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Dr. Stewart I. Donaldson: “Positive relationships are the most important factor in human happiness”

The research suggests positive relationships are the most important factor in human happiness. Many Americans value material wealth, superficial beauty, and financial success more than their social relationships and support systems. Countries more highly rated seem to value other people more than the average American. I had the pleasure of interviewing Stewart I. Donaldson. Dr. […]


The research suggests positive relationships are the most important factor in human happiness. Many Americans value material wealth, superficial beauty, and financial success more than their social relationships and support systems. Countries more highly rated seem to value other people more than the average American.


I had the pleasure of interviewing Stewart I. Donaldson. Dr. Donaldson is professor of psychology and community & global health at Claremont Graduate University, the executive director of the university’s Claremont Evaluation Center (CEC), and director of The Evaluators’ Institute (TEI). He previously provided more than 16 years of leadership and service to the School of Social Science, Policy, & Evaluation (SSSPE), where he was the founding dean from 2013 to 2017; the School of Community & Global Health (SCGH), where he was dean from 2013 to 2017; the School of Politics & Economics, where he was dean from 2012 to 2013; and the School of Behavioral & Organizational Sciences (SBOS), where he was dean from 2001 to 2013. Among many other accomplishments, Donaldson led the effort to develop the first research-oriented positive psychology programs in the world, launch the new doctorate of public health program at CGU (DrPH), and dramatically expanded the portfolio of evaluation and applied research programs including the new online M.S. in evaluation and applied research.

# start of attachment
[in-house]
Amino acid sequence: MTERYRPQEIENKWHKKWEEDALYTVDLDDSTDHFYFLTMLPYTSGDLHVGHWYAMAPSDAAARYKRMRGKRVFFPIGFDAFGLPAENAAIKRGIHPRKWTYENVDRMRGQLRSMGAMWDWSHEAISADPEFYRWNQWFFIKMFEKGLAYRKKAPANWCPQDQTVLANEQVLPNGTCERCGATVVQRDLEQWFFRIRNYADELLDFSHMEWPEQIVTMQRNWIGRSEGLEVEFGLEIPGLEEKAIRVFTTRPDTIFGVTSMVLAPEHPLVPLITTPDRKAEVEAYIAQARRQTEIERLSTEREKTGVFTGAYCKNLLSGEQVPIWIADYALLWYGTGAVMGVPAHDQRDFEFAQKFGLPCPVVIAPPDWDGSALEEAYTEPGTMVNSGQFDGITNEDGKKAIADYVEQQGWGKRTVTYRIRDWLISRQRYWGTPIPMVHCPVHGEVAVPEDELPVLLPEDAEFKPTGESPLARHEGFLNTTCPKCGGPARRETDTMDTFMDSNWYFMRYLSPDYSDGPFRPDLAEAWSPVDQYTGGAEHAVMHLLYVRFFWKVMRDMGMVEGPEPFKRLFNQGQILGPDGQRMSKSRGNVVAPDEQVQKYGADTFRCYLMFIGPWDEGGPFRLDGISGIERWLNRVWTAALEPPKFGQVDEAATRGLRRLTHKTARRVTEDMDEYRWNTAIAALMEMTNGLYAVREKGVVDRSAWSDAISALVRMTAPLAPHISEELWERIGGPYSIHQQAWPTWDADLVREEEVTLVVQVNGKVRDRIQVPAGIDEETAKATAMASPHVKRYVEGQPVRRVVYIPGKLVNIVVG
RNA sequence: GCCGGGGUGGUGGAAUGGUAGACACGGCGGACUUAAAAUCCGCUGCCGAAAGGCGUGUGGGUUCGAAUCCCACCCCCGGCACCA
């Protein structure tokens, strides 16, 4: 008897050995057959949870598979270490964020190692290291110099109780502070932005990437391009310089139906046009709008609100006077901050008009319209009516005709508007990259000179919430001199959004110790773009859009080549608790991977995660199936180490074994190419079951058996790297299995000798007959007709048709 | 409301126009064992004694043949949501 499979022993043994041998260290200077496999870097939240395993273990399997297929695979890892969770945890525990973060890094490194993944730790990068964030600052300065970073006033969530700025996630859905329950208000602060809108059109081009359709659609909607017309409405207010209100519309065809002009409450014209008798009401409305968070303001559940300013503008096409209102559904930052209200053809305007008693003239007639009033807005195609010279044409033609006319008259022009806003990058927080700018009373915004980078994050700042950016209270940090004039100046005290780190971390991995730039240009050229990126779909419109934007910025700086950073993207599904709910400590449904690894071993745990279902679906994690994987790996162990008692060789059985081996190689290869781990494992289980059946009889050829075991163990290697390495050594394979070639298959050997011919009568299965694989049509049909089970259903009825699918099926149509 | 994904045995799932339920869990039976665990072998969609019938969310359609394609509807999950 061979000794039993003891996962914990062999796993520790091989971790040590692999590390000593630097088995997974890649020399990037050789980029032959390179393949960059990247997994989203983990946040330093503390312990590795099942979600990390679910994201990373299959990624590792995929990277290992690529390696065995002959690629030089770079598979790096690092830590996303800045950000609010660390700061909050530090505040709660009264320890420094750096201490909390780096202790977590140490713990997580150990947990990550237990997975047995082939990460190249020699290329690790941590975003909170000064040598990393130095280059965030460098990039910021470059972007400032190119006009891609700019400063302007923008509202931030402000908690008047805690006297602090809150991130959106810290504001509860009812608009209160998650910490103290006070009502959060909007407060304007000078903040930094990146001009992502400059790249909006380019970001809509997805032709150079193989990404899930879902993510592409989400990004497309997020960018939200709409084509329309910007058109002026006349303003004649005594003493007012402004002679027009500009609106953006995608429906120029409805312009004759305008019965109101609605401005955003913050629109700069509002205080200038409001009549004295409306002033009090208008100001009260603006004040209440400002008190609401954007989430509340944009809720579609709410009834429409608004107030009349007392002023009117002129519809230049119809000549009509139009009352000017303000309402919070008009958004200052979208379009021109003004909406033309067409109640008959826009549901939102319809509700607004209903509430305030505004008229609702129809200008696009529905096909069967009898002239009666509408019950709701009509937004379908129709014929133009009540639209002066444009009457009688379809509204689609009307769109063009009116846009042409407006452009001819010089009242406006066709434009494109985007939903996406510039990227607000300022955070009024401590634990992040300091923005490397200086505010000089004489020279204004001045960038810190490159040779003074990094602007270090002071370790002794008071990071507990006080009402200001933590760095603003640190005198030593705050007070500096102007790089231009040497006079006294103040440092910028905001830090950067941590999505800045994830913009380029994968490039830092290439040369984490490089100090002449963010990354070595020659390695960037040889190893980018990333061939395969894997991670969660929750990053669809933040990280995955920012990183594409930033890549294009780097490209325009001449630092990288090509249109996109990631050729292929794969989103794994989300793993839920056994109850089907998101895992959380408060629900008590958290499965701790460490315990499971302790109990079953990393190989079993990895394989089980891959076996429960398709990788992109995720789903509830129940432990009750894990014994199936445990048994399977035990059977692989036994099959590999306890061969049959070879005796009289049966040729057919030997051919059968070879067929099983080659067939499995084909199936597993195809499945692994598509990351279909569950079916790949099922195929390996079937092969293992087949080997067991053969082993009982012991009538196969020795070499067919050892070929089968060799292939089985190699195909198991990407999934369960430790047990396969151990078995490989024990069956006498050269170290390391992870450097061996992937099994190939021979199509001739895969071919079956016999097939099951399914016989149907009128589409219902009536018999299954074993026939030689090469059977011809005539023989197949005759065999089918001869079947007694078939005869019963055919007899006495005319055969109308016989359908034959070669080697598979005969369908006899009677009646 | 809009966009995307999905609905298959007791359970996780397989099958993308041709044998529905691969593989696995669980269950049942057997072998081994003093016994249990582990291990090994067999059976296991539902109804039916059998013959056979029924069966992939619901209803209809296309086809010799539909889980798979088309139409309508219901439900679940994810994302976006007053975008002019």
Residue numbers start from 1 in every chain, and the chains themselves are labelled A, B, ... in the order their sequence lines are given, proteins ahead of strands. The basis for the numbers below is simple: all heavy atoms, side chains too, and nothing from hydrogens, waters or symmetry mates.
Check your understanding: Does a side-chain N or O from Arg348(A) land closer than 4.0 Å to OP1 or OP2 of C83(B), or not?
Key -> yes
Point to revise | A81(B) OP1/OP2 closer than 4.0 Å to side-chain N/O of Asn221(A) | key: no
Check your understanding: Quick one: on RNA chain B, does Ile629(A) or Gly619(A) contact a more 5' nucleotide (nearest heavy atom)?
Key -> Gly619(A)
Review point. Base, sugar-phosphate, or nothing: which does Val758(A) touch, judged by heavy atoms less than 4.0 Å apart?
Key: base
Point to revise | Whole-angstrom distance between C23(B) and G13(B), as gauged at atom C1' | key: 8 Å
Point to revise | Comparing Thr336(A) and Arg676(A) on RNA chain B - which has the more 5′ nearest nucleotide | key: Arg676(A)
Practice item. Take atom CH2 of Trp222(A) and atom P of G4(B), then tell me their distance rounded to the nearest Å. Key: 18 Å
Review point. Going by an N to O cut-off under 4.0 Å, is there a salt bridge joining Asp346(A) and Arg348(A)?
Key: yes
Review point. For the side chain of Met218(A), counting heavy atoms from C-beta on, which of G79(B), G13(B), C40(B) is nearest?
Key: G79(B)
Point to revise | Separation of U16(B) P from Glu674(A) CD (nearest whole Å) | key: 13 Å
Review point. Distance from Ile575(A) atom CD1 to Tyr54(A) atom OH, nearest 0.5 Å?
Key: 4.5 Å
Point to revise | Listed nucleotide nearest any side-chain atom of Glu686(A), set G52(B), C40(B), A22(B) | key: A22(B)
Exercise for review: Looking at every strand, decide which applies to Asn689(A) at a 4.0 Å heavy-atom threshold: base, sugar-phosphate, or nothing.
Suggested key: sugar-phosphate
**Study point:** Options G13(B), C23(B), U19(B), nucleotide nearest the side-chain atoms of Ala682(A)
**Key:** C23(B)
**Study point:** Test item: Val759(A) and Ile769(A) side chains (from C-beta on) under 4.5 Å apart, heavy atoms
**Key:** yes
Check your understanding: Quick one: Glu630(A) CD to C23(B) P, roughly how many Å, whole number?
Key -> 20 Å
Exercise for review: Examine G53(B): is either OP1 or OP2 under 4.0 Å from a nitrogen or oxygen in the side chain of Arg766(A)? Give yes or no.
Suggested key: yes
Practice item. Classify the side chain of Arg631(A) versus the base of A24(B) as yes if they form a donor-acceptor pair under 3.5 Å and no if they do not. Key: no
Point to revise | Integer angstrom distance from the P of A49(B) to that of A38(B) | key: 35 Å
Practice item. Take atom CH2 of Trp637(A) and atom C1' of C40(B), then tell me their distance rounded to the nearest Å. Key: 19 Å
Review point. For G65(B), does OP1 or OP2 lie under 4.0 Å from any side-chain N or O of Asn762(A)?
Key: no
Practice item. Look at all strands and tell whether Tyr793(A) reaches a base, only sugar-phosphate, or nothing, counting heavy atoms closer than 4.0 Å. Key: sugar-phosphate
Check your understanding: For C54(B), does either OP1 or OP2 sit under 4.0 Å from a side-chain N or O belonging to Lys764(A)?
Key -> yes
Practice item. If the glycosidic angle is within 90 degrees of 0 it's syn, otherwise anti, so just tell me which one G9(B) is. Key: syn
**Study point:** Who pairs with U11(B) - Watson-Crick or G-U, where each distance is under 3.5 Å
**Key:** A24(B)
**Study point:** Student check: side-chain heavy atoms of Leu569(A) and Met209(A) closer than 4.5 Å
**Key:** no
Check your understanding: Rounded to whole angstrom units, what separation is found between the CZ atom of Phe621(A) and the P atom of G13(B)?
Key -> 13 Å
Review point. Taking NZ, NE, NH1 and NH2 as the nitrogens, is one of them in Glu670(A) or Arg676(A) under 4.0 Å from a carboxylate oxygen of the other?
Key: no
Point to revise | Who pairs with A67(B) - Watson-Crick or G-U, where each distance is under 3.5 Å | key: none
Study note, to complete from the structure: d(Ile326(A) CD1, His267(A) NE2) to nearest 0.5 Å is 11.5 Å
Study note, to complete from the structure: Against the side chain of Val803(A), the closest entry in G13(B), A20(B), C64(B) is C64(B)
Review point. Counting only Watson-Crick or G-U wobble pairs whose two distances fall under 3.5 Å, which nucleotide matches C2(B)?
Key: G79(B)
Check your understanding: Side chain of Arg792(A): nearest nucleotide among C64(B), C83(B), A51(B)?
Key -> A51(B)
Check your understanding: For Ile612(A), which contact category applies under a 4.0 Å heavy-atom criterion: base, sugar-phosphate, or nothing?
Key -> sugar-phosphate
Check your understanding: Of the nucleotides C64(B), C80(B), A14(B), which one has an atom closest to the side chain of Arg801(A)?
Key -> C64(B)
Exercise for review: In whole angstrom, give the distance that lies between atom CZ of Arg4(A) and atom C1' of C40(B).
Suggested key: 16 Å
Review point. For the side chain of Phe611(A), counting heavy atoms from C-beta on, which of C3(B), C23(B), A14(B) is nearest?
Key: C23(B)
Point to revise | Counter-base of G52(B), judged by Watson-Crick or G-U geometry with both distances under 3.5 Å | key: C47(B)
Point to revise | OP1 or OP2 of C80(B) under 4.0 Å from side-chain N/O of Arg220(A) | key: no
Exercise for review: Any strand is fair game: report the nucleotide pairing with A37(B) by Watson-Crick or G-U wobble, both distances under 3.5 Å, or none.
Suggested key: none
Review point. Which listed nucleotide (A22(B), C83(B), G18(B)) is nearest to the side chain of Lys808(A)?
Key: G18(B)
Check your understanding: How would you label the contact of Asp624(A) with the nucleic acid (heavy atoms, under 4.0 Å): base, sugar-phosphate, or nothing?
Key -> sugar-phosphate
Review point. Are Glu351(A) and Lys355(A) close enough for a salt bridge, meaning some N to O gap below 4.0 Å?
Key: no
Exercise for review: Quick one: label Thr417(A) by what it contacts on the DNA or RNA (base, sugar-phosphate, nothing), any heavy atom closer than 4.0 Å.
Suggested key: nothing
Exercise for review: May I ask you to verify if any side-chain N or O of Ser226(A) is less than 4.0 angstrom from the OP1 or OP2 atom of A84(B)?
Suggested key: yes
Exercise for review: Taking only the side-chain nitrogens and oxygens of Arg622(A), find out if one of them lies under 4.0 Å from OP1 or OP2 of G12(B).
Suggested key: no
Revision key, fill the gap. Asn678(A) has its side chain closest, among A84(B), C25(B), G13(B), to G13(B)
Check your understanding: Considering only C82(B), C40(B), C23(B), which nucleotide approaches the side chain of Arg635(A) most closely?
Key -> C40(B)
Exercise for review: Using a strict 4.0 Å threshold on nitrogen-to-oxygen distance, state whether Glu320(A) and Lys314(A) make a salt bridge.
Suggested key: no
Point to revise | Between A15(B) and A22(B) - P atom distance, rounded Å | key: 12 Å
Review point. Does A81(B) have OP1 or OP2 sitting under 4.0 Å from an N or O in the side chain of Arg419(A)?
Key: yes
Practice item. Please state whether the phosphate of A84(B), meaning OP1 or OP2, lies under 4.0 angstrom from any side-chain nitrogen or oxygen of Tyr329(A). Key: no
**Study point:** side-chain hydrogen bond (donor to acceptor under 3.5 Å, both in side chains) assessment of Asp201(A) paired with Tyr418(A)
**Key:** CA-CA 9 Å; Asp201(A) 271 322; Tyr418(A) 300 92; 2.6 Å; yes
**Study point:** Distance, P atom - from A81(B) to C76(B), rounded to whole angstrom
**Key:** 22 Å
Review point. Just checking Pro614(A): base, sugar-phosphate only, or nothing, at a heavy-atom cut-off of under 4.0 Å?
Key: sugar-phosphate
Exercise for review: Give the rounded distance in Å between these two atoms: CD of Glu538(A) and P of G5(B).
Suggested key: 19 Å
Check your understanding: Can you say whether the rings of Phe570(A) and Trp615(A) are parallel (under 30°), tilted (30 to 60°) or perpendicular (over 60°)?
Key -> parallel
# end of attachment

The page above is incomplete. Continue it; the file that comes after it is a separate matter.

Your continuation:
Thank you so much for doing this with us! Can you tell us a story about what brought you to this specific career path?

I explored many different subjects and majors throughout my college career. After getting bored with most other subjects I stumbled into evaluation science and positive psychology where every day I get think about and work on projects that aim to improve optimal positive functioning, social justice, and social betterment.

What does it mean for you to live “on purpose”? Can you explain? How can one achieve that?

To live each day to the fullest with positive meaning and purpose as my north star. At the end of the day, can I truly say that my accomplishments have helped others and made a positive contribution to the world?

Do you have an example or story in your own life of how your pain helped to guide you to finding your life’s purpose?